In general, we use rm command to delete files, shred command for secure deletion. But for Large files like 100s of GB files deletion can not be that easy as it uses more RAM and CPU while the process is running, which may increase the load on server and slow it down.
We can use ionice to define I/O scheduling class and priority for another process.
When we use ionice with command rm, it will run this command with given arguments.
# man ionice
OPTIONS -c, --class class Specify the name or number of the scheduling class to use; 0 for none, 1 for realtime, 2 for best-effort, 3 for idle. -n, --classdata level Specify the scheduling class data. This only has an effect if the class accepts an argument. For realtime and best- effort, 0-7 are valid data (priority levels). -p, --pid PID... Specify the process IDs of running processes for which to get or set the scheduling parameters. -t, --ignore Ignore failure to set the requested priority. If command was specified, run it even in case it was not possible to set the desired scheduling priority, which can happen due to insufficient privileges or an old kernel version. -h, --help Display help and exit. -V, --version Display version information and exit.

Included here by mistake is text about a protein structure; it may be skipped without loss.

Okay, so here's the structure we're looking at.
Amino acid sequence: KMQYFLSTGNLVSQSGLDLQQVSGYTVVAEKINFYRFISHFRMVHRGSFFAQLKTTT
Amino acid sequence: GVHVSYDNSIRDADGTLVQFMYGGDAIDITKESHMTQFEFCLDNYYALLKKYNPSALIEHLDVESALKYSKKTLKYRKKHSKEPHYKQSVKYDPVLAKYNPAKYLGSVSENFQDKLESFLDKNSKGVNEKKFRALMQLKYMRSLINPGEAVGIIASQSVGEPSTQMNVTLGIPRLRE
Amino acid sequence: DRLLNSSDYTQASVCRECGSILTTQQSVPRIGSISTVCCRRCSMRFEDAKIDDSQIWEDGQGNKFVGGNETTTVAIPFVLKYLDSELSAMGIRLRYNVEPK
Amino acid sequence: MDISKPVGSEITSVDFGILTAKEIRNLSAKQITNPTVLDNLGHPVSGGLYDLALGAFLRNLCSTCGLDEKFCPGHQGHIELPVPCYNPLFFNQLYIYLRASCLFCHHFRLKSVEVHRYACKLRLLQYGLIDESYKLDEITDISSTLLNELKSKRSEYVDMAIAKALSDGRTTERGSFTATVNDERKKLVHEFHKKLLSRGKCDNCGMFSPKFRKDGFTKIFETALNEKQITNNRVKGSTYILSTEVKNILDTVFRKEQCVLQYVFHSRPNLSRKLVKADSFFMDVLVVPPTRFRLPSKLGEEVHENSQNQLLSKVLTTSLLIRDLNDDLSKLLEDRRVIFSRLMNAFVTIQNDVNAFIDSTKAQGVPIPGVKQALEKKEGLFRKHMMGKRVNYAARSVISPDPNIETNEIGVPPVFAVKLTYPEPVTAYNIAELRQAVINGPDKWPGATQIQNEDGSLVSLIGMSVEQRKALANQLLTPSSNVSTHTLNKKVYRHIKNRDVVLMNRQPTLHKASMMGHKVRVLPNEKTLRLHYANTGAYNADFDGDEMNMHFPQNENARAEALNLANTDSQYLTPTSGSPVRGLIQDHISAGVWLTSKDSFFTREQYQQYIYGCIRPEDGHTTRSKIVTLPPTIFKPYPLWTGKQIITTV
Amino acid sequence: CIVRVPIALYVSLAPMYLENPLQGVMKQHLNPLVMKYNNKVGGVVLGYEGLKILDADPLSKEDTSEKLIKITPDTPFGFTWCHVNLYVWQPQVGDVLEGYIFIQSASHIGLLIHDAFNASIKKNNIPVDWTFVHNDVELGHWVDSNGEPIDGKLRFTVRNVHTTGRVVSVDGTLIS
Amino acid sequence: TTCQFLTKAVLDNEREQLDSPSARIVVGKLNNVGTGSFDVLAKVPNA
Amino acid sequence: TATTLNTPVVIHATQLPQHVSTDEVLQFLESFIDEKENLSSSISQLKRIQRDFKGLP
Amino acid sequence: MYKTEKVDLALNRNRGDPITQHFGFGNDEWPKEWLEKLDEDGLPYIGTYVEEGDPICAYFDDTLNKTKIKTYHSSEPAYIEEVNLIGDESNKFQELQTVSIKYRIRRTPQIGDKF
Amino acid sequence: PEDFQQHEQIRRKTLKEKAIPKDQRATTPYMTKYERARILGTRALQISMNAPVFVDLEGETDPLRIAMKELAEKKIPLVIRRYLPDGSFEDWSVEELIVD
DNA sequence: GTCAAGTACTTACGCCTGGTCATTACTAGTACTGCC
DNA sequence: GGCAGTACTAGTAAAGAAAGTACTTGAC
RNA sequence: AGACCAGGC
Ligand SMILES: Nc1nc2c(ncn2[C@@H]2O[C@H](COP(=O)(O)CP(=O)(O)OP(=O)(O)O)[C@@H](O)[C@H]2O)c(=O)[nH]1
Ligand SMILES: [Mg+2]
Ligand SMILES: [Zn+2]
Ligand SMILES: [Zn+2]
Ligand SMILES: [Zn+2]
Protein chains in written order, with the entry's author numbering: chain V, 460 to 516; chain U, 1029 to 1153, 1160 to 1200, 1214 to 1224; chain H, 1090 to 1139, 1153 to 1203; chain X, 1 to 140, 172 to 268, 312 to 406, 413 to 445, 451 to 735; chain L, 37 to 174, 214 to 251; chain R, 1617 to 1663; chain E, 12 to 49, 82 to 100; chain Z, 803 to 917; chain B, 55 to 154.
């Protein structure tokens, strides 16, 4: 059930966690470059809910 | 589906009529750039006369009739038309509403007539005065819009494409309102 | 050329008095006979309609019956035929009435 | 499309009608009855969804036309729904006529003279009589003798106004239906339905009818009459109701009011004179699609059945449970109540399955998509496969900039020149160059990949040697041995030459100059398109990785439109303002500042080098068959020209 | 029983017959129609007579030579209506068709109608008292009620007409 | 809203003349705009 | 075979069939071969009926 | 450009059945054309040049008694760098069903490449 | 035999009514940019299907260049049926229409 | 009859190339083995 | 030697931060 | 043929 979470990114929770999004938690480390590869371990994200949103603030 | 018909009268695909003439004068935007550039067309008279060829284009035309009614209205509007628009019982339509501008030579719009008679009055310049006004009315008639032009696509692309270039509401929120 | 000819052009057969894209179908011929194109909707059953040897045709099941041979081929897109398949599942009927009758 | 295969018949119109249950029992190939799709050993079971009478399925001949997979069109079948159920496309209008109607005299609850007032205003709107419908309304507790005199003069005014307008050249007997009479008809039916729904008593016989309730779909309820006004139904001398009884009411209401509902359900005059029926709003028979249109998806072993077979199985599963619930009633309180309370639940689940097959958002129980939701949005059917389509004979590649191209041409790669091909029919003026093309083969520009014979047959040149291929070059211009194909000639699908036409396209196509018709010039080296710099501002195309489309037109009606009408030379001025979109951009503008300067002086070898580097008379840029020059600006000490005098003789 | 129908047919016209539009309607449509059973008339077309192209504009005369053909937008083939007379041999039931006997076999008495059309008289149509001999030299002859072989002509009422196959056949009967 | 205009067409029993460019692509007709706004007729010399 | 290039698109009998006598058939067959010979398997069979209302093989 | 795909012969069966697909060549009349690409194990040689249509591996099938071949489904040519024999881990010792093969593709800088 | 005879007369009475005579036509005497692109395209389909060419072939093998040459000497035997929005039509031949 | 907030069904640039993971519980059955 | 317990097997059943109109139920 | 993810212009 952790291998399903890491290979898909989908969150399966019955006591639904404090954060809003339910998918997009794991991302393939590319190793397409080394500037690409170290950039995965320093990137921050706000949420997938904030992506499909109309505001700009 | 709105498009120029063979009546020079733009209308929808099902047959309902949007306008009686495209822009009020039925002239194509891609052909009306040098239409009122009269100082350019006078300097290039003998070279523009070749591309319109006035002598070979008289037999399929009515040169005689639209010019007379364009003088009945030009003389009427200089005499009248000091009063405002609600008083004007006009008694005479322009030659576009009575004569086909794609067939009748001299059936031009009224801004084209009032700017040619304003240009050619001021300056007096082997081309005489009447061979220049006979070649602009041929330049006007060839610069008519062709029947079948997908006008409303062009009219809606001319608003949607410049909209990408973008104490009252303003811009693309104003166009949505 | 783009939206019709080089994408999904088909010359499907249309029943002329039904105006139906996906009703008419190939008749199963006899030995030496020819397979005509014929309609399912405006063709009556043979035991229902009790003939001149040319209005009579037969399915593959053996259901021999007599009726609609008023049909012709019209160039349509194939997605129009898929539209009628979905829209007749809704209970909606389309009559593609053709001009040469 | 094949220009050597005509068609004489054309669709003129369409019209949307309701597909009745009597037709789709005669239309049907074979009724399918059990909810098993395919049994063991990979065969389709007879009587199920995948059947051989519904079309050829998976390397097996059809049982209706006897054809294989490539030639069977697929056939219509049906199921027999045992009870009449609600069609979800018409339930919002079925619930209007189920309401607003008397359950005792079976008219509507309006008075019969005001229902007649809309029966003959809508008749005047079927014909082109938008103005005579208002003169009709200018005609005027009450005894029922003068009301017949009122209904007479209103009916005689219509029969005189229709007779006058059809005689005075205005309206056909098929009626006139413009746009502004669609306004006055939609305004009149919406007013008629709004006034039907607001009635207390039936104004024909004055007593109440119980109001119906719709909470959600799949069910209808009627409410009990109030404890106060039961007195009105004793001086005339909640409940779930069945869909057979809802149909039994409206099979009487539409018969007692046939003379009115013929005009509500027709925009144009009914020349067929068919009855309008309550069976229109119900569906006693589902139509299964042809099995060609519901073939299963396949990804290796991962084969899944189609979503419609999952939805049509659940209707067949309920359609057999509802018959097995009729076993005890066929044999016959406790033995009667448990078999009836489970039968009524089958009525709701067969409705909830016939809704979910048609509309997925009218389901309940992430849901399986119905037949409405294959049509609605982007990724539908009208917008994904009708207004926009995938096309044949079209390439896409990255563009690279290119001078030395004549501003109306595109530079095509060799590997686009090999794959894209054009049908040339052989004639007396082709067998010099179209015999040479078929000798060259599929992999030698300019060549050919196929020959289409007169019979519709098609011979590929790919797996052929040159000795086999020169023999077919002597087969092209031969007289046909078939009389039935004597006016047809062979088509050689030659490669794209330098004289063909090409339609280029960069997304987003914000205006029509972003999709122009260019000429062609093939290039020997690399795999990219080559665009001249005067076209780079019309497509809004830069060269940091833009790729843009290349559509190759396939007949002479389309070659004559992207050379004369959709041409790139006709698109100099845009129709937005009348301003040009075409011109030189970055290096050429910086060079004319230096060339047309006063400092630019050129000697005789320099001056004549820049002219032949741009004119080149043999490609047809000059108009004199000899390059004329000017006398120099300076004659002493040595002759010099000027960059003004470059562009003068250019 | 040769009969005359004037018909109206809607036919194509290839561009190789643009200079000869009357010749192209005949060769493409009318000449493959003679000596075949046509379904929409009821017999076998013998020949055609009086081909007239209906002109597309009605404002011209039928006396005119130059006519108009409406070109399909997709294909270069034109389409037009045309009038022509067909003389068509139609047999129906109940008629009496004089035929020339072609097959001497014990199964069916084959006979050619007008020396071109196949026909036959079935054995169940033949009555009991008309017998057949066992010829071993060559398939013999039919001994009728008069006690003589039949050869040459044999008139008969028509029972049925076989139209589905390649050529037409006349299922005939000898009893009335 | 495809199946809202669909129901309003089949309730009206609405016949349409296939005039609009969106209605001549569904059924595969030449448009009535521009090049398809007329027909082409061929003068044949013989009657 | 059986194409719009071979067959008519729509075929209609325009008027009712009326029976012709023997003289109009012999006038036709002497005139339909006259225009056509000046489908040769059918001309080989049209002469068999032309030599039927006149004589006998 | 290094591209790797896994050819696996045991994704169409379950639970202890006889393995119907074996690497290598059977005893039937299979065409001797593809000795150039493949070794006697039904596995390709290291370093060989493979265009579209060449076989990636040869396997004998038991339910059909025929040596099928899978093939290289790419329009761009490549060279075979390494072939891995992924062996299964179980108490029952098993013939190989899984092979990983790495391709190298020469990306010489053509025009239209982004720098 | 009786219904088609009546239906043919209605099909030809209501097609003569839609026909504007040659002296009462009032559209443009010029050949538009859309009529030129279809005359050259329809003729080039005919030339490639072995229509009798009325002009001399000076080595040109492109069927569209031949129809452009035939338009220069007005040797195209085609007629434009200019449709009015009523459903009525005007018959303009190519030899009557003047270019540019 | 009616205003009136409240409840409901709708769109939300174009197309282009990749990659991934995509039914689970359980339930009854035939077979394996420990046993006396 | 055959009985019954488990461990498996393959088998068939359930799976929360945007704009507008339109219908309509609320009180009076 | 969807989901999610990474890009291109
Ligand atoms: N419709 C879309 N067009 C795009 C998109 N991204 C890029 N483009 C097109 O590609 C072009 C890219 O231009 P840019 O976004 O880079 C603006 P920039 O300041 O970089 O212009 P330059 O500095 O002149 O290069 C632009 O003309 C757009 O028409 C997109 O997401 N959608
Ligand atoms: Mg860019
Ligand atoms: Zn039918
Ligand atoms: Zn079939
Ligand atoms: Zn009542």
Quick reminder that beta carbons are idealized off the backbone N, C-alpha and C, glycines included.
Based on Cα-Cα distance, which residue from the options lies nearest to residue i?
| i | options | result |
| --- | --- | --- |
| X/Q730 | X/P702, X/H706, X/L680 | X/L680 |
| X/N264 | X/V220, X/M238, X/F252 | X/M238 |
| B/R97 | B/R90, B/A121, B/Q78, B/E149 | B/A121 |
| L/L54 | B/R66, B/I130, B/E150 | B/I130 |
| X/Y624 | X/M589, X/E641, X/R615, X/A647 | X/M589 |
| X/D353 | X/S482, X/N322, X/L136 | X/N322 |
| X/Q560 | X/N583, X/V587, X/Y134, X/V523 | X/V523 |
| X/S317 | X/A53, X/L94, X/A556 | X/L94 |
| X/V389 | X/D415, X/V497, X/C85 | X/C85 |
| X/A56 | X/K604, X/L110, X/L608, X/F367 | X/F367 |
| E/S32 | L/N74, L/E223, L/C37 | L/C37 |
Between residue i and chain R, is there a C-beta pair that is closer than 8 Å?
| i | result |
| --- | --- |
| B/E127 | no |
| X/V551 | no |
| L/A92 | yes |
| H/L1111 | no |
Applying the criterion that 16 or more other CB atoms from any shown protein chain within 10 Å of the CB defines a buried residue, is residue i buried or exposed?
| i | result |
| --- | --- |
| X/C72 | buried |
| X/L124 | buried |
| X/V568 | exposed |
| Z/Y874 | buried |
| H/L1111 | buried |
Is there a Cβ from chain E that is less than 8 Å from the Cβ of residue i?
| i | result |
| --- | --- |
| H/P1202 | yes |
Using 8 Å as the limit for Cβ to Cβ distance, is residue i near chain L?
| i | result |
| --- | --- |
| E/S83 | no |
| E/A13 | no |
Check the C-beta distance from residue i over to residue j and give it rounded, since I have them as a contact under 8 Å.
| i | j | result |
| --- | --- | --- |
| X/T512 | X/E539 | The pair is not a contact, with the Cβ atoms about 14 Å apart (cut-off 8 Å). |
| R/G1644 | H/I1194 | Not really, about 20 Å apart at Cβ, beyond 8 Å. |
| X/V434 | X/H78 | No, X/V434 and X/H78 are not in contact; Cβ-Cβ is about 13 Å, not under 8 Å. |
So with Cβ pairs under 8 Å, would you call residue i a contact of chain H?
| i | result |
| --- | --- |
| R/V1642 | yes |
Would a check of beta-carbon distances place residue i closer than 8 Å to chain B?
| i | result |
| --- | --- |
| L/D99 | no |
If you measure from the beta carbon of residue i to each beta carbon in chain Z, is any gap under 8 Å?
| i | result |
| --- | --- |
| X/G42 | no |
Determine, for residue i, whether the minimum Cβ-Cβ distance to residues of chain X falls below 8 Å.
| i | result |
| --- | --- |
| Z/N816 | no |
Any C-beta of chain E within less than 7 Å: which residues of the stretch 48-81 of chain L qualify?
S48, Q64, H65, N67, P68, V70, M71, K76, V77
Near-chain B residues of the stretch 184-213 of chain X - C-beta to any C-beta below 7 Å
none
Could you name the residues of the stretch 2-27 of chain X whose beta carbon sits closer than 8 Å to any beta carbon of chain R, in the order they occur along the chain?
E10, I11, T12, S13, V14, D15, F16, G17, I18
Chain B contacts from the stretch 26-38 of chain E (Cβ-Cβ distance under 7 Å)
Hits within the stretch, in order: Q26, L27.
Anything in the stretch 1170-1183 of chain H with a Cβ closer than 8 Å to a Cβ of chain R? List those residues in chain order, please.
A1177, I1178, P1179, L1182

To specify the name or number of the scheduling class to use (0 for none, 1 for real time, 2 for best-effort, 3 for idle) the command below.
This means that rm will belong to idle I/O class and only uses I/O when any other process does not need it:
# ionice -c 3 rm /var/logs/maillog # ionice -c 3 rm -rf /var/log/apache/access_logs
If there won’t be much idle time on the system, then we may want to use scheduling class and set a low priority like this:
# ionice -c 2 -n 6 rm /var/logs/maillog # ionice -c 2 -n 6 rm -rf /var/log/apache/access_logs